Meiosis and Sexual Life Cycles

Meiosis - A reduction division required to reduce the number of chromosomes to half so sexual reproduction can occur.






Genes code for proteins, including enzymes

Genes are located on chromosomes, which are single long strands of DNA.

A gene's specific location on a chromosome is called its locus (pl: loci).

Reproduction can be asexual or sexual.

Asexual - by mitosis - resultant organisms are clones, genetically identical to the parent and to other offspring.

Includes many single-celled organisms, as well as some invertebrates (Fig 13.1, and movie of hydra budding) and many plants. Aphids, water fleas, and rotifers reproduce by parthenogenesis, a process in which the eggs develop without fertilization and the offspring are haploid. If these haploid offspring reproduce, their eggs are formed by mitosis, not meiosis. Many plants reproduce by fragmentation or runners. This is useful in agriculture.

The sexual life cycle

Involves genetic contribution from both parents. Provides much greater genetic variation within a species. There are many variations of sexual life cycles (Fig 13.5), but we will only concern ourselves with the human life cycle.

The human life cycle (Fig 13.4)

Somatic cells - all the cells of the body except the germ or stem cells which are those that produce gametes (sperm and eggs). Somatic cells all contain paired chromosomes. (Diploid or 2n)

Germ or stem cells are diploid and will undergo meiosis to produce four haploid (1n) gametes.

Humans have 23 pairs, or 46, chromosomes that vary by size, shape, and appearance. 22 pairs are called autosomes. The other pair are the sex chromosomes. These are the X and Y chromosomes. Other species have other arrangements for sex determination.

Arranging these chromosomes, by pairs, according to size and shape, results in a display called a karyotype. (Fig 13.3). Different species show different karyotypes, varying in shape, size and number of chromosomes.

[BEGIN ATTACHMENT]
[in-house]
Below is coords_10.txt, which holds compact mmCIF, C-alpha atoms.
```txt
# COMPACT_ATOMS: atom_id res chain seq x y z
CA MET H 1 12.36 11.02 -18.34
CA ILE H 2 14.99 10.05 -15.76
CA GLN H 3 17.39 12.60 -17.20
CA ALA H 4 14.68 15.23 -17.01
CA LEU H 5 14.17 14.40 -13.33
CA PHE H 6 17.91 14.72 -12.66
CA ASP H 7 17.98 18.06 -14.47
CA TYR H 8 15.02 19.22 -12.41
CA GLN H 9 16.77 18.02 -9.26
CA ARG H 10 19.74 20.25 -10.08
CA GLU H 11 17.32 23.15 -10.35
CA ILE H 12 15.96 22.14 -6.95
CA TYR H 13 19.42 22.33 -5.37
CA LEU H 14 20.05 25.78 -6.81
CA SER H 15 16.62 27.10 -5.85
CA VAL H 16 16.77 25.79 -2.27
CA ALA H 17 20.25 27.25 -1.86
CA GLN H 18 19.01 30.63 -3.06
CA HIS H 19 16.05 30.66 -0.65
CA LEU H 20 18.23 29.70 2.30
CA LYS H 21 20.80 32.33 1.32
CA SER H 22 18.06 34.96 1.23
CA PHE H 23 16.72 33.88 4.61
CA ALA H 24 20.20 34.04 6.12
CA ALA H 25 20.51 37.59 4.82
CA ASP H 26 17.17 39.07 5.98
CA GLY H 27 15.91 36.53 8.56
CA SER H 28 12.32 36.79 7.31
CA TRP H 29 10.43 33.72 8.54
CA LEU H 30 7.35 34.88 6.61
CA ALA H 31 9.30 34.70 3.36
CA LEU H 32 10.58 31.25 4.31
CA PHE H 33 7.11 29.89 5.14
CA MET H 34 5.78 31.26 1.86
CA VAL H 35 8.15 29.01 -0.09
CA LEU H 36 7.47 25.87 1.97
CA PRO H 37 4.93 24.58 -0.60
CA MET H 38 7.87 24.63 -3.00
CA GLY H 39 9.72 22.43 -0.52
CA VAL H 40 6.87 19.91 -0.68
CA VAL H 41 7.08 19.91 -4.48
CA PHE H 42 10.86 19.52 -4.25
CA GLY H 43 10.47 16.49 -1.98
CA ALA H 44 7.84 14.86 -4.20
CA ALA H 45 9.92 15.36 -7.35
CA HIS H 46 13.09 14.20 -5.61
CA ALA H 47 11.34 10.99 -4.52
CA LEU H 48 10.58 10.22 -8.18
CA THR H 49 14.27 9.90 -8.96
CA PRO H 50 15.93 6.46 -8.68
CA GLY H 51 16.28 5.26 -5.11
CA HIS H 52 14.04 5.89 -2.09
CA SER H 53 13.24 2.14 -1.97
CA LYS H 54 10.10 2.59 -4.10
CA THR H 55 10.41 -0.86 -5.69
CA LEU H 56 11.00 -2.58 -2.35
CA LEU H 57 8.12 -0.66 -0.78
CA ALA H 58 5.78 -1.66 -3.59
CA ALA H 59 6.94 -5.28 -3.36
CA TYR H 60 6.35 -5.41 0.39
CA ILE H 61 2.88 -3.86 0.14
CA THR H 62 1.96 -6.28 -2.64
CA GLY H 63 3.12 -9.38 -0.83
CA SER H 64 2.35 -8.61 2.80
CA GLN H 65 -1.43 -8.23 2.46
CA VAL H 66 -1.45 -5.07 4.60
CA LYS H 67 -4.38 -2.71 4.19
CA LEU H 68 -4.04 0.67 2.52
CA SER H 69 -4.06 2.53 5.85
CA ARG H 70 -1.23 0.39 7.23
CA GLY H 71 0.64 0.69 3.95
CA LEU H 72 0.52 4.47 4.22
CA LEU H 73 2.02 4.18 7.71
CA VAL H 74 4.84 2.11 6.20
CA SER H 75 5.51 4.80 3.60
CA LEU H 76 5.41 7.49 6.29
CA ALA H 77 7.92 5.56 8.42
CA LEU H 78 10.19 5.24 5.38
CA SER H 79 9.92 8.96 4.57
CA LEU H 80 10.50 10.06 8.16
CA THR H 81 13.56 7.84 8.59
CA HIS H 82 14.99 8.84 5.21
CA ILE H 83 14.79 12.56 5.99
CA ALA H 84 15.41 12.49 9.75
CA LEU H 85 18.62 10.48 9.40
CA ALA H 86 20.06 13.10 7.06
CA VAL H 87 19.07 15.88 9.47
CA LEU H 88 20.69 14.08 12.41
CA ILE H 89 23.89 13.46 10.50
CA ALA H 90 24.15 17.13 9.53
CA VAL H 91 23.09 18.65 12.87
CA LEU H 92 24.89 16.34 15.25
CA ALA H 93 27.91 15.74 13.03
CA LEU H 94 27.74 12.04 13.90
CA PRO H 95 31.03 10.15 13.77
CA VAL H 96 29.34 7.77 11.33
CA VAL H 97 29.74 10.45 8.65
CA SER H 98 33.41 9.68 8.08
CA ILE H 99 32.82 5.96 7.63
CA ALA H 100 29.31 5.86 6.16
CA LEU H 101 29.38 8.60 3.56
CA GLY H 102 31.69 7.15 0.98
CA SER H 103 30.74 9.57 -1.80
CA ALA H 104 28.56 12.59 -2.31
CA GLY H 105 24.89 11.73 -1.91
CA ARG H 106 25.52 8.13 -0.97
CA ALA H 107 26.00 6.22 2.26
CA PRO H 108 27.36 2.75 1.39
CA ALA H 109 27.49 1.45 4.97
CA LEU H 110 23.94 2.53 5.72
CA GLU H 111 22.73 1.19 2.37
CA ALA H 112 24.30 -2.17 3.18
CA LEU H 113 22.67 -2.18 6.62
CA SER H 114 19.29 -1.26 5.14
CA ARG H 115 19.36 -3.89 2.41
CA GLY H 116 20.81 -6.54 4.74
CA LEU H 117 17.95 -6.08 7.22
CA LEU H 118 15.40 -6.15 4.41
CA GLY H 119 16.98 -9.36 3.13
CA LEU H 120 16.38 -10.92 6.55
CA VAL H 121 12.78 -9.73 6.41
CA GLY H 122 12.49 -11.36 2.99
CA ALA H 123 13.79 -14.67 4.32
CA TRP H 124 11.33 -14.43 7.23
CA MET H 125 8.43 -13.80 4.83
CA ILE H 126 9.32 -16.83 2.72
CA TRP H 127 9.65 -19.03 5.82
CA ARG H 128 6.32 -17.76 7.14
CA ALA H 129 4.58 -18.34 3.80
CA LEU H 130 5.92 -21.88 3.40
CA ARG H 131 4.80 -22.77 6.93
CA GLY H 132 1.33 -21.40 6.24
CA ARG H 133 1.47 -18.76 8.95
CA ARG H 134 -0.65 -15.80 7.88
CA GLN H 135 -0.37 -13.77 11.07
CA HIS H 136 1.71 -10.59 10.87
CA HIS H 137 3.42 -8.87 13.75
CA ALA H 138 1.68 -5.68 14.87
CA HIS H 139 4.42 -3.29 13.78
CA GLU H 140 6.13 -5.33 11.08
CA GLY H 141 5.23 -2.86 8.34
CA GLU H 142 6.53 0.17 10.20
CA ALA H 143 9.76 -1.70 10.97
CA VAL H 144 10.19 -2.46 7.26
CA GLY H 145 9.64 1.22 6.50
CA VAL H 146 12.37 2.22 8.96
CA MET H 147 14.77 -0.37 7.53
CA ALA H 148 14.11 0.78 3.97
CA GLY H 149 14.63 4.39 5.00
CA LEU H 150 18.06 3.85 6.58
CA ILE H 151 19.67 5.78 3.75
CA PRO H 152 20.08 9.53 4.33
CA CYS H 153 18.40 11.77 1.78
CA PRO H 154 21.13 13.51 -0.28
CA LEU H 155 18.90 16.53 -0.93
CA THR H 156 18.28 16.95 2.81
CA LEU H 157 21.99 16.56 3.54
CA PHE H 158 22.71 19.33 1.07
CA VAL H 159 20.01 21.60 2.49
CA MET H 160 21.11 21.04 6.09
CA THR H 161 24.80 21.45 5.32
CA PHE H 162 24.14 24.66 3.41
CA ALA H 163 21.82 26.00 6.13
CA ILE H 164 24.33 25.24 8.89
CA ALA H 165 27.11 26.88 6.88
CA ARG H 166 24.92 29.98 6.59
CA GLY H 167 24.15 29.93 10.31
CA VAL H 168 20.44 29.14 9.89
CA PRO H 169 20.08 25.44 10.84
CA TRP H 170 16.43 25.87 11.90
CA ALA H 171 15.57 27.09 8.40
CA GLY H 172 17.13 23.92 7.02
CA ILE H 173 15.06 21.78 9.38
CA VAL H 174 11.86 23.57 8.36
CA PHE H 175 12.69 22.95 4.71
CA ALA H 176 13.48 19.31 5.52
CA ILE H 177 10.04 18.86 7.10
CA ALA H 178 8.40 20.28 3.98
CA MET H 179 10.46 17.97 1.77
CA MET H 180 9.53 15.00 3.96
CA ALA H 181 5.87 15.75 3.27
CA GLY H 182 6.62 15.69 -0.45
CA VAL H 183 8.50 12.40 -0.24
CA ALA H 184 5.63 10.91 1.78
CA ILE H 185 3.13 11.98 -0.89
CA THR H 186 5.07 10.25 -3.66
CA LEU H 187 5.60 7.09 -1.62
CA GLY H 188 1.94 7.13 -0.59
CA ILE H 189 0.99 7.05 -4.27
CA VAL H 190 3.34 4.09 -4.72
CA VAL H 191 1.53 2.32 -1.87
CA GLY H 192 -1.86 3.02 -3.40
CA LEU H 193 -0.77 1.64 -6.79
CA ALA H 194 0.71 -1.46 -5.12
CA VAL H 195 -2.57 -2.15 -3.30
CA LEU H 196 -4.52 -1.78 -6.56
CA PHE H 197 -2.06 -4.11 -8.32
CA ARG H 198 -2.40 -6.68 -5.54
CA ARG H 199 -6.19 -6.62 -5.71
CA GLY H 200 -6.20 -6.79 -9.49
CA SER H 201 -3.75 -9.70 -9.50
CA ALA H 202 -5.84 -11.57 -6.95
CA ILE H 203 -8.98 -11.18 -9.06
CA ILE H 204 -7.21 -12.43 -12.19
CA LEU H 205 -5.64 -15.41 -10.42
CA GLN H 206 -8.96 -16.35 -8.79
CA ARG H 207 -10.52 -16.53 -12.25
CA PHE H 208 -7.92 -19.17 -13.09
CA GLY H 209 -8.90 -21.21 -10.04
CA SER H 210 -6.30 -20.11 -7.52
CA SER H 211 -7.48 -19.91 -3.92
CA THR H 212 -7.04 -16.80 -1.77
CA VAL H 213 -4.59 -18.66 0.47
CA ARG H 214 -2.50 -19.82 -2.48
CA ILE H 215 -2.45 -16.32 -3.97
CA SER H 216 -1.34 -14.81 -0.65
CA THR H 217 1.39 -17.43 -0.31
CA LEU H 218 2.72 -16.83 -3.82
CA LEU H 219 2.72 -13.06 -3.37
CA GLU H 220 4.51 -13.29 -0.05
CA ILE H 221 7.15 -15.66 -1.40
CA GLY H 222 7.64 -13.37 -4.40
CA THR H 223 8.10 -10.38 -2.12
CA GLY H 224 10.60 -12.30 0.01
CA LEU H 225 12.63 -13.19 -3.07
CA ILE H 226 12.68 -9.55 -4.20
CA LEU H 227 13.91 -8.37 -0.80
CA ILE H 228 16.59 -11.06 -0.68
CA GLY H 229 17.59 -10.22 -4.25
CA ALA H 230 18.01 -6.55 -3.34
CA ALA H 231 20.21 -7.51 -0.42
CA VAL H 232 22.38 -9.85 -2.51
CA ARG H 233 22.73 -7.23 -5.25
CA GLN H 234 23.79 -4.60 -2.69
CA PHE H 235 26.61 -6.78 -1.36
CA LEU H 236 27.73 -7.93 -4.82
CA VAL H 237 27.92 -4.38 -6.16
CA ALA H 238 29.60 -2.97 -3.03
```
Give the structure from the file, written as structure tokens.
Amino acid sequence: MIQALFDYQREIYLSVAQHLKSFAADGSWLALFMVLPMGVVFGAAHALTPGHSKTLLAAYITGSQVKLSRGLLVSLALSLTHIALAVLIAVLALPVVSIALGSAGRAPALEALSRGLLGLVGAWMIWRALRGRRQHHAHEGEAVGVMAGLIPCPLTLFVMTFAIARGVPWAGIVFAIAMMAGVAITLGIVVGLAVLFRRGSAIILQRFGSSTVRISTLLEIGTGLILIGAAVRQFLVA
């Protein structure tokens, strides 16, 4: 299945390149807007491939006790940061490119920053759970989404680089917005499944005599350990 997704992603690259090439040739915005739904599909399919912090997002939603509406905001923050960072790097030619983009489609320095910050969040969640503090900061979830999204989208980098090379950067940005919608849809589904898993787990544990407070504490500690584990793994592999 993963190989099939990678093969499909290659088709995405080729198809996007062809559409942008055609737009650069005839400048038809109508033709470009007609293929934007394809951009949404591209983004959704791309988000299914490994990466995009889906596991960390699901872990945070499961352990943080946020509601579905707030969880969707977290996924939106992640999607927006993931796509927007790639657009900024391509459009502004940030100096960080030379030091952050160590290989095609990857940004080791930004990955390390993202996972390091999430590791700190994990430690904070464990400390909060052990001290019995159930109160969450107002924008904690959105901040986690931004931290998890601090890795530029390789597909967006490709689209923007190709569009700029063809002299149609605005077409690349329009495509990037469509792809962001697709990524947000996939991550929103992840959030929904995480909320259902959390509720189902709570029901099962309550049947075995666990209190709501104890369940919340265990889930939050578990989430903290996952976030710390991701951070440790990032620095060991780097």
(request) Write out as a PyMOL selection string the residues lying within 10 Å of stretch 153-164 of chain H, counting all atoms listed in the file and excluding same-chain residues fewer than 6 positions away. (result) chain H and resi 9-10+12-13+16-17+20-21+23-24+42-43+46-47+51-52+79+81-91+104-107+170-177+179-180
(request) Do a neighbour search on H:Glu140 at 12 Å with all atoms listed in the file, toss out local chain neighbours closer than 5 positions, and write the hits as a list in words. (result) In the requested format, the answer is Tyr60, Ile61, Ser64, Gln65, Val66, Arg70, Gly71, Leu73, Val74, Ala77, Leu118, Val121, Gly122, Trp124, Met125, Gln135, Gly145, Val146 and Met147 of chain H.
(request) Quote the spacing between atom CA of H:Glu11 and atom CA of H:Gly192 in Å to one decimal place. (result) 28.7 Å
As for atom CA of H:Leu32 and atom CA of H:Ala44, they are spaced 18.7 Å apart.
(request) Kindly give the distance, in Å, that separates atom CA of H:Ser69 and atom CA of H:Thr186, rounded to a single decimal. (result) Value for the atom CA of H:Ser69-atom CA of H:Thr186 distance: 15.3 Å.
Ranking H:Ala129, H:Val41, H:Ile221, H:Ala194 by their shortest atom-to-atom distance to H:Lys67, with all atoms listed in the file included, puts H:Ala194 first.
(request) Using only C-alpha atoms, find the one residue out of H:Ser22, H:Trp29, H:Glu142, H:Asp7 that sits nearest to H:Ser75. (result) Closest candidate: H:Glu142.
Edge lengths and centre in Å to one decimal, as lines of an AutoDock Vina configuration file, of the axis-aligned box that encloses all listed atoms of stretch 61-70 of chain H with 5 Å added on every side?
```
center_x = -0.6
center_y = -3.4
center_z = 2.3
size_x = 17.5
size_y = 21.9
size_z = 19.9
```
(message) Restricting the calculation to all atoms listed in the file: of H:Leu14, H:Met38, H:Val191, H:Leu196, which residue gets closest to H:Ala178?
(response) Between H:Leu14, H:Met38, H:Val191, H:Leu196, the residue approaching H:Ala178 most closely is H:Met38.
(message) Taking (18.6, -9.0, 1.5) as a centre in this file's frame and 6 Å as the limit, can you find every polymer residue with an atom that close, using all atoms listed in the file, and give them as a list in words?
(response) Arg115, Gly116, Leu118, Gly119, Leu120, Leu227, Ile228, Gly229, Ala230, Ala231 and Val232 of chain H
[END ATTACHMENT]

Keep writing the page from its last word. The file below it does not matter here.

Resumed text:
In humans, the gametes will have 22 autosomes and one sex chromosome. At fertilization (syngamy), two gametes will combine to cause the resultant zygote (fertilized egg) to have 44 autosomes (22 pairs) and 2 sex chromosomes (1 pair). The zygote is diploid, as were the parents.

Interphase - (Movie) - chromosomes and centrosomes duplicate as in mitosis.

The Stages of Meiosis - Overview - Fig 13.6

Meiosis I - serves to divide the two versions of each chromosome (fig 13.7, left page).

Prophase I (Movie)

Chromosomes with sister chromatids form and homologous chromosomes pair, forming tetrads. Unlike mitosis, synapsis occurs and the chromatids of homologues cross at chiasmata.
Crossing over occurs when these pieces of homologous chromosomes (fig. 13.10) (nonsister chromatids) exchange places to promote new genetic combinations in the offspring. (movie)
The rest of prohase I is similar to mitosis
    - centrosomes move apart and spindle forms
    - nuclear envelope and nucleoli disperse
    - spindle attaches to kinetochores and begins moving chromosomes

Metaphase I (Movie)

Chromosomes now arranged on the metaphase plate. Independent assortment - the alignment of homologous pairs along the center of the cell is random, with different combinations of parental chromosomes possible for each daughter cell. (Fig. 13.9)
Opposite homologues are attached to microtubules attached to opposite centromeres.

Anaphase I (Movie)

Opposite homologous chromosomes, consisting of paired sister chromatids, are pulled toward opposite ends.

Telophase I (Movie of telophase I and cytokinesis)

Each pole now has a haploid chromosome set, but each chromosome consists of sister chromatids.


Division of cell itself. Often occurs at same time as telophase I.

Meiosis II - separates the two sister chromatids to form four haploid daughter cells or gametes, each with a different genetic make-up. fig 13.7, right page

Prophase II

Spindle forms, microtubules attach to chromosomes and pull them toward the meaphase II plate

Metaphase II

Chromosomes line up on metaphase II plate
Microtubules are attached to kinetochores

Anaphase II

Centromeres of sister chromatids separate and the sister chromatids move toward opposite poles.
They are now consided chromosomes.

Telophase II

Nuclei reform and cytokinesis occurs.
There are now four daughter cells, each haploid, and different genetically from each other.
May be sperm or ova (image).

Meiosis II and cytokinesis movie.

A comparison of mitosis and meiosis. Image Fig.13.8a and summary Fig.13.8b

Origins of genetic variation in sexually reproducing populations.

Sexual reproduction has the capacity to generate new genetic combinations.

Independent Assortment - The random alignment of homologues during meiosis I results in an astounding number of possible kinds of gametes that can be produced.

Crossing over allows for combinations of genes that may never have existed previously.

Random Fertilization - Since the new zygote is the product of two gametes, each with new variations within them, fertilization adds even more genetic diversity.